HOME | ABOUT US | IRS | TAXES | E-FILING | SELF EMPLOYMENT TAX | SOCIAL SECURITY FRAUD | BACK TAXES | FILING EXTENSION | CLAIMING DEPENDENTS | LATE PENALTIES | TAX REFUND | EARNED INCOME TAX CREDIT | ASK YOUR QUESTION
A) According the to IRS – Your child is a qualifying child if your child meets all of the following tests:
- Joint Return
Your child must meet one of the following:
- Be under age 19 at the end of the year and younger than you or your spouse, if you file a joint return
- Be a full-time student under age 24 at the end of the year and younger than you or your spouse, if you file a joint return, or
- Be permanently and totally disabled at any time during the year and any age.
To be your qualifying child, a child must be your:
- Son, daughter, stepchild, eligible foster child, or a descendant of any of them (for example, your grandchild), or
- Brother, sister, half brother, half sister, stepbrother, stepsister, or a descendant of any of them (for example, your niece or nephew).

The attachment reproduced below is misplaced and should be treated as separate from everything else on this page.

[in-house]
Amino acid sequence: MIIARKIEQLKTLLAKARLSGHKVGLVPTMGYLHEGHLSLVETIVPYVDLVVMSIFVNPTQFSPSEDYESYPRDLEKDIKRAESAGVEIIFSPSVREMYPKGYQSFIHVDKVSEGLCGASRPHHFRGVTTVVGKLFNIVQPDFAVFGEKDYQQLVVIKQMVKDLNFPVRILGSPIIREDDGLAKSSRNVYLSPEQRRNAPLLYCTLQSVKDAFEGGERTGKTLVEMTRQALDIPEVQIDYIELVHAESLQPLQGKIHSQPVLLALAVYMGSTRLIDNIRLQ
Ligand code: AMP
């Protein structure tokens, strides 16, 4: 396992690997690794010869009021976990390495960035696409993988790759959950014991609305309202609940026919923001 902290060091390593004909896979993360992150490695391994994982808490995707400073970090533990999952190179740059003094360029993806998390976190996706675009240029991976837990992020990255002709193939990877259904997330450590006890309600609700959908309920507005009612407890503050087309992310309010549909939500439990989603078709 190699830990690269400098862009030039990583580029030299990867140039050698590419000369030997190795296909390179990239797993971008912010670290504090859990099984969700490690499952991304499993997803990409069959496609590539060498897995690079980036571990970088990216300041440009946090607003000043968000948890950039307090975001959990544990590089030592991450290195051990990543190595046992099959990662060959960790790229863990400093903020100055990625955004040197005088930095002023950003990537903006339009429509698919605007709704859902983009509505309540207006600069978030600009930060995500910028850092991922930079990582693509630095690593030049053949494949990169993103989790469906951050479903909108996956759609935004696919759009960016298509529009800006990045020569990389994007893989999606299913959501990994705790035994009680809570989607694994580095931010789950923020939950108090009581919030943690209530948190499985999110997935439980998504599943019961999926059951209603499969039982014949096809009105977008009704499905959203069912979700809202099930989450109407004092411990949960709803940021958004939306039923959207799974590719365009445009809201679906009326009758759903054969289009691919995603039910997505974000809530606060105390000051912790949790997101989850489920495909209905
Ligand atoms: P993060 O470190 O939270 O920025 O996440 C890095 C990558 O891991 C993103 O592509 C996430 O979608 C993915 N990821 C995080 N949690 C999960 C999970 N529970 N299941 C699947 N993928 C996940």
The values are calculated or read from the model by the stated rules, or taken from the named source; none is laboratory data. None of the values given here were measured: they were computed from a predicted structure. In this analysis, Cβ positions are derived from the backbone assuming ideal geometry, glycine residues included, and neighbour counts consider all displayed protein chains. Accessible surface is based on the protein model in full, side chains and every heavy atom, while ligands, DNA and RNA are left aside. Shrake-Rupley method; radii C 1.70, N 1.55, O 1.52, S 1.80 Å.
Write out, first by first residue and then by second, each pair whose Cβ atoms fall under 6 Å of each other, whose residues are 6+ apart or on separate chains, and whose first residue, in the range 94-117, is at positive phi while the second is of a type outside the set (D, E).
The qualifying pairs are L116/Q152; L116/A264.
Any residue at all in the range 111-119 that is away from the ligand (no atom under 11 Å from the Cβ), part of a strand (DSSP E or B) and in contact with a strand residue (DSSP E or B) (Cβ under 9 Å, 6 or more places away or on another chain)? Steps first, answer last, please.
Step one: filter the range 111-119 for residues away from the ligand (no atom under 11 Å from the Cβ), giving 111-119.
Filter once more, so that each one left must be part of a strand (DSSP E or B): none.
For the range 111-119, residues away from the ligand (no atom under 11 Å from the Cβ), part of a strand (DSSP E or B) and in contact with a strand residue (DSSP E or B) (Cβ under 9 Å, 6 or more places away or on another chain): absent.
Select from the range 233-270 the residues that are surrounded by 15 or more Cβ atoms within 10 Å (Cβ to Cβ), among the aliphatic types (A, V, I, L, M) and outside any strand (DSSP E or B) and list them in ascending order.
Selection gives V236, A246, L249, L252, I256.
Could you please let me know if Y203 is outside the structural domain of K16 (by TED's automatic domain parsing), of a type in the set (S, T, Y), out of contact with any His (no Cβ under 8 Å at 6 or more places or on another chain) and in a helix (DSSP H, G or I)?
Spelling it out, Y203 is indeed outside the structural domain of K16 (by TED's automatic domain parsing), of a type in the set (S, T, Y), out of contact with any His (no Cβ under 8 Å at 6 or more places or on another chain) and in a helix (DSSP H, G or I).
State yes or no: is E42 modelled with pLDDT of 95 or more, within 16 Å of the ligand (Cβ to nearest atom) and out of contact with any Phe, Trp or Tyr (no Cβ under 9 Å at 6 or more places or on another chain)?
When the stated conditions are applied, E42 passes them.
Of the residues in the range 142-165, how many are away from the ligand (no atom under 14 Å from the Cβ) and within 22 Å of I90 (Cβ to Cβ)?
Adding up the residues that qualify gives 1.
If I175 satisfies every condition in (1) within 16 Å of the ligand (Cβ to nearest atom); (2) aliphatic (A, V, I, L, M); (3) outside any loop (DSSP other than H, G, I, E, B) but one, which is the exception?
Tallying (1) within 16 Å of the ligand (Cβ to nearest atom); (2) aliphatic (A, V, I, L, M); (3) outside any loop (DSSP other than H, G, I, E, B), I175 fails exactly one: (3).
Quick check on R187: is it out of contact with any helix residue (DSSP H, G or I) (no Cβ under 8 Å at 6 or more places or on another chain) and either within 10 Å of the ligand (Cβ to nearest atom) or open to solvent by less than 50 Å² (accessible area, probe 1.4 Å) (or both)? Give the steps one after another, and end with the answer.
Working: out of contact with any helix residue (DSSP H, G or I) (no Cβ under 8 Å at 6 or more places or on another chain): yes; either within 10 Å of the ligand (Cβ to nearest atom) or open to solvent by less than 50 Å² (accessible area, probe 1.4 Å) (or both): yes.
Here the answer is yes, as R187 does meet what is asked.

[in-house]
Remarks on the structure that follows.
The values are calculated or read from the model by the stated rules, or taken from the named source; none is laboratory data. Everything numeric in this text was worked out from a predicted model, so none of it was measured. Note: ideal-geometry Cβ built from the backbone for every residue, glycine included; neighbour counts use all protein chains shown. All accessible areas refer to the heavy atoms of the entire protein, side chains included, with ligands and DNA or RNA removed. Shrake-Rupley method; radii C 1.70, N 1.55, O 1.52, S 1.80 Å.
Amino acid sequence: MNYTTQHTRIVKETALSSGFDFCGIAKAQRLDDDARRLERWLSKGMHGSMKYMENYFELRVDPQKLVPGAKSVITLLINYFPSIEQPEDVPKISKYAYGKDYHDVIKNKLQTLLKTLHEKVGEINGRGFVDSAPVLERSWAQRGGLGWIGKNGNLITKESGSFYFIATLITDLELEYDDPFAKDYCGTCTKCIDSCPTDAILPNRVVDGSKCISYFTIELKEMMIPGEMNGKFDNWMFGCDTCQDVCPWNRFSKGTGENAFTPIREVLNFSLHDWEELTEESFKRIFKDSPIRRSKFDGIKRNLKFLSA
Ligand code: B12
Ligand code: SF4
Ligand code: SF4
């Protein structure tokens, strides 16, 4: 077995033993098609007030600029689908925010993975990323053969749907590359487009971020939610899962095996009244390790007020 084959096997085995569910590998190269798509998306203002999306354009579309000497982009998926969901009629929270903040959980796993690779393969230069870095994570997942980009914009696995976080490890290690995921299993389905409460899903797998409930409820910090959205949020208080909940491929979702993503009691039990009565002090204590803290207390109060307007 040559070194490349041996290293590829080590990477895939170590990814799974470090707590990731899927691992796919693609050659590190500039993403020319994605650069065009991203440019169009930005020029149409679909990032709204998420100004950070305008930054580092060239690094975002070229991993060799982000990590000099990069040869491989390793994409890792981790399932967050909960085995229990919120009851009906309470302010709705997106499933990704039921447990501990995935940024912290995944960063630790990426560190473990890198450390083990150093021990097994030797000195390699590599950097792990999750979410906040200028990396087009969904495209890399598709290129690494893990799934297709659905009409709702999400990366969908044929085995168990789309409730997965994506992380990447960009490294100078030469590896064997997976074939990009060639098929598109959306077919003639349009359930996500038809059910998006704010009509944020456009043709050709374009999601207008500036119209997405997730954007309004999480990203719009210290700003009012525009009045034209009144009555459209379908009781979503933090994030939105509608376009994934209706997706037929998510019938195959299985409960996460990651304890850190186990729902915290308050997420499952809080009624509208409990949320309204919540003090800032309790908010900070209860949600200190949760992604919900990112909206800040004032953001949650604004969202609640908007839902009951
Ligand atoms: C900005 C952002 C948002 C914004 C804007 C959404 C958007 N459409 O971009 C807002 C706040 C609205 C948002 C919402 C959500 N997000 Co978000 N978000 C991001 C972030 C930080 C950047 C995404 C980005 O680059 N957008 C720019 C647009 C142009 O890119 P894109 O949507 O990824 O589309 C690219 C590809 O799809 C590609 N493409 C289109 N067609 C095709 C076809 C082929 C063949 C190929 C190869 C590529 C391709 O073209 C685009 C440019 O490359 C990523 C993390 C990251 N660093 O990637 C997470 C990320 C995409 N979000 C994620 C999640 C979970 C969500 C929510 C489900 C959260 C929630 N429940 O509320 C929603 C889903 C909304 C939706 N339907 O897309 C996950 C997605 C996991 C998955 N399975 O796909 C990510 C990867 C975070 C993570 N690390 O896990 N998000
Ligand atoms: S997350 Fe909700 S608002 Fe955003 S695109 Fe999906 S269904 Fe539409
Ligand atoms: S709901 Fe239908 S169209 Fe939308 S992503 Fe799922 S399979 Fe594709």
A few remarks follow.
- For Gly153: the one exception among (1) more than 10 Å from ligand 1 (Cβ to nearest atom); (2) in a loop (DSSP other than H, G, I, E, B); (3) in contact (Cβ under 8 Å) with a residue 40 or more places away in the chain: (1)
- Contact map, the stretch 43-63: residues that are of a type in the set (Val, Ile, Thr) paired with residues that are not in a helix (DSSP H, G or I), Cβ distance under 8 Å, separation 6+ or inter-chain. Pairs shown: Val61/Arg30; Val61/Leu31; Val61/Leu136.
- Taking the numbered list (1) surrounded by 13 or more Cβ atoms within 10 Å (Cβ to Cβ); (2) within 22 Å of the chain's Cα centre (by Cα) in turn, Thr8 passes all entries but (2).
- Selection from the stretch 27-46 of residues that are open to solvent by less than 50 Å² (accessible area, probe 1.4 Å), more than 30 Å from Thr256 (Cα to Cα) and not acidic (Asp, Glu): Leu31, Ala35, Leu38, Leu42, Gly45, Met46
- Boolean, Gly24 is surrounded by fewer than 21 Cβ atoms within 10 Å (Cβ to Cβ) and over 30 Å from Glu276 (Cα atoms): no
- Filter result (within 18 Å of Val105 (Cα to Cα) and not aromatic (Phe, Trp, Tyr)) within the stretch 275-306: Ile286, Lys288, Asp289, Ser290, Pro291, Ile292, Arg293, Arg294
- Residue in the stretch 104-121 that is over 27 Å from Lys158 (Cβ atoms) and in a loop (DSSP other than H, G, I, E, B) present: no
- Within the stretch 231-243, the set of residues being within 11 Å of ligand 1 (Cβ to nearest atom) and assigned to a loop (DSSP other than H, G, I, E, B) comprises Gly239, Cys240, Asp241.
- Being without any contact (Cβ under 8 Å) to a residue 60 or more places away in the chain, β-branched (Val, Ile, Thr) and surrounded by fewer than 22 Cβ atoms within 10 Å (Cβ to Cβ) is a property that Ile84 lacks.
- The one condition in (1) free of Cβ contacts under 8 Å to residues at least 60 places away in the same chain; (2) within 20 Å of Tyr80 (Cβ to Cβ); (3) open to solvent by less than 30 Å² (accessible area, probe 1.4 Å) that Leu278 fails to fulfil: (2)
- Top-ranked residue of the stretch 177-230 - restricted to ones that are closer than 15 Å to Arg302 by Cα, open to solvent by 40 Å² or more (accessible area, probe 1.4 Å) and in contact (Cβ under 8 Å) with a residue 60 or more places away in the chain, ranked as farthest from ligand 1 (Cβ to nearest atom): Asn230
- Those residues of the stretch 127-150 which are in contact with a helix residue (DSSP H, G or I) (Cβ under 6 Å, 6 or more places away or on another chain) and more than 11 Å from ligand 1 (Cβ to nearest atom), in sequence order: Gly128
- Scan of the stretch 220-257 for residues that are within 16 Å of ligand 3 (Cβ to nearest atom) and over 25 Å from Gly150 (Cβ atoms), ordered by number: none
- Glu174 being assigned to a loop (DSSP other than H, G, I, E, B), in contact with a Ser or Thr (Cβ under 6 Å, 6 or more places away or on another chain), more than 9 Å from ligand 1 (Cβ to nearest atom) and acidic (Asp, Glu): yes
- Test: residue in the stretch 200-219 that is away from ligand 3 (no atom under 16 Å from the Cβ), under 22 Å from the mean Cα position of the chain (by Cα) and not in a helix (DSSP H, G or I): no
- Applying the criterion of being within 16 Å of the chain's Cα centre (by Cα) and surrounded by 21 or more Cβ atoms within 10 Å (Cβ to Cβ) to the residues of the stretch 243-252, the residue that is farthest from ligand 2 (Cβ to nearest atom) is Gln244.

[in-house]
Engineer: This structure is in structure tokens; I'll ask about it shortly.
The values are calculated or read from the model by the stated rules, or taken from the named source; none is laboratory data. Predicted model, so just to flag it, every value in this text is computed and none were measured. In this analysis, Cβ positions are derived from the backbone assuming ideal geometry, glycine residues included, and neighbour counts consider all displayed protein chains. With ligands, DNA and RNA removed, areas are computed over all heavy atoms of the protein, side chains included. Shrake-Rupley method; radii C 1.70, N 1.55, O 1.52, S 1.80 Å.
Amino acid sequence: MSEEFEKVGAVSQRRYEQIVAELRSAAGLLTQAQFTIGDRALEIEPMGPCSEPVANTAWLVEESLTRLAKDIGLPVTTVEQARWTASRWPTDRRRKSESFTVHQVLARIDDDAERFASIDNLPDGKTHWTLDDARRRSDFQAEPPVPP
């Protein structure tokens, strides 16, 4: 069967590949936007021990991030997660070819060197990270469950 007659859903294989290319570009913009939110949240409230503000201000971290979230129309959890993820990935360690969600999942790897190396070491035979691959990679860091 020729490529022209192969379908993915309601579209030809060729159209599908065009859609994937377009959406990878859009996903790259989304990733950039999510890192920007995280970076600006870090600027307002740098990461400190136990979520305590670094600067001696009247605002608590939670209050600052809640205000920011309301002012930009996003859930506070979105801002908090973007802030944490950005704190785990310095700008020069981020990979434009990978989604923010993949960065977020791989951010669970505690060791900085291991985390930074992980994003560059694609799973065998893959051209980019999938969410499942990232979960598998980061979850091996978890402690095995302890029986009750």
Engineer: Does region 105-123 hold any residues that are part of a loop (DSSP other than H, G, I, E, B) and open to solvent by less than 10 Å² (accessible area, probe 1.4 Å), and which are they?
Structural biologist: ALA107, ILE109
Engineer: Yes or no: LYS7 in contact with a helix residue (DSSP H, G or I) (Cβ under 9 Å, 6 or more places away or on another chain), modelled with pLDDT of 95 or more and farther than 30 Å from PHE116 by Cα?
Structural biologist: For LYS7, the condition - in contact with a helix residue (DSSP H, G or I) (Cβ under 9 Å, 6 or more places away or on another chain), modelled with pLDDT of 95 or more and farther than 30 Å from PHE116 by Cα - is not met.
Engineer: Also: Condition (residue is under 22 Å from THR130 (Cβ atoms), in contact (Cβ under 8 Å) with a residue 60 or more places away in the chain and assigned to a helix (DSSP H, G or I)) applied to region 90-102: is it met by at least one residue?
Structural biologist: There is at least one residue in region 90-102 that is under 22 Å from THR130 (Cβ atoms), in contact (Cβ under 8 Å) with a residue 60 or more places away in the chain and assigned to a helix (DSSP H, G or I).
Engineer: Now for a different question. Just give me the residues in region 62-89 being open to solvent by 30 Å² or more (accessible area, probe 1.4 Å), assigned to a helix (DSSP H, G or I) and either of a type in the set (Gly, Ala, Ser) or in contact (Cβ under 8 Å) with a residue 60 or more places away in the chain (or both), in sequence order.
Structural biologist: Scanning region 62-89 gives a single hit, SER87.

Definitions to clarify the relationship test
Adopted child. An adopted child is always treated as your own child. This includes a child who was lawfully placed with you for legal adoption.
Eligible Foster Child. A person is your eligible foster child if the child is placed with you by an authorized placement agency or by judgment, decree, or other order of any court of competent jurisdiction.
Your child must have lived with you, or your spouse if you file a joint return, in the United States for more than half of the year.
Joint Return Test
Your child must not have filed a joint return or if your child filed a joint return, your child and his/or her spouse filed only to claim a refund and were not required to file.
Who is an eligible foster child?
An eligible foster child is one placed with you by an authorized placement agency or by judgment, decree, or other order of any court of competent jurisdiction.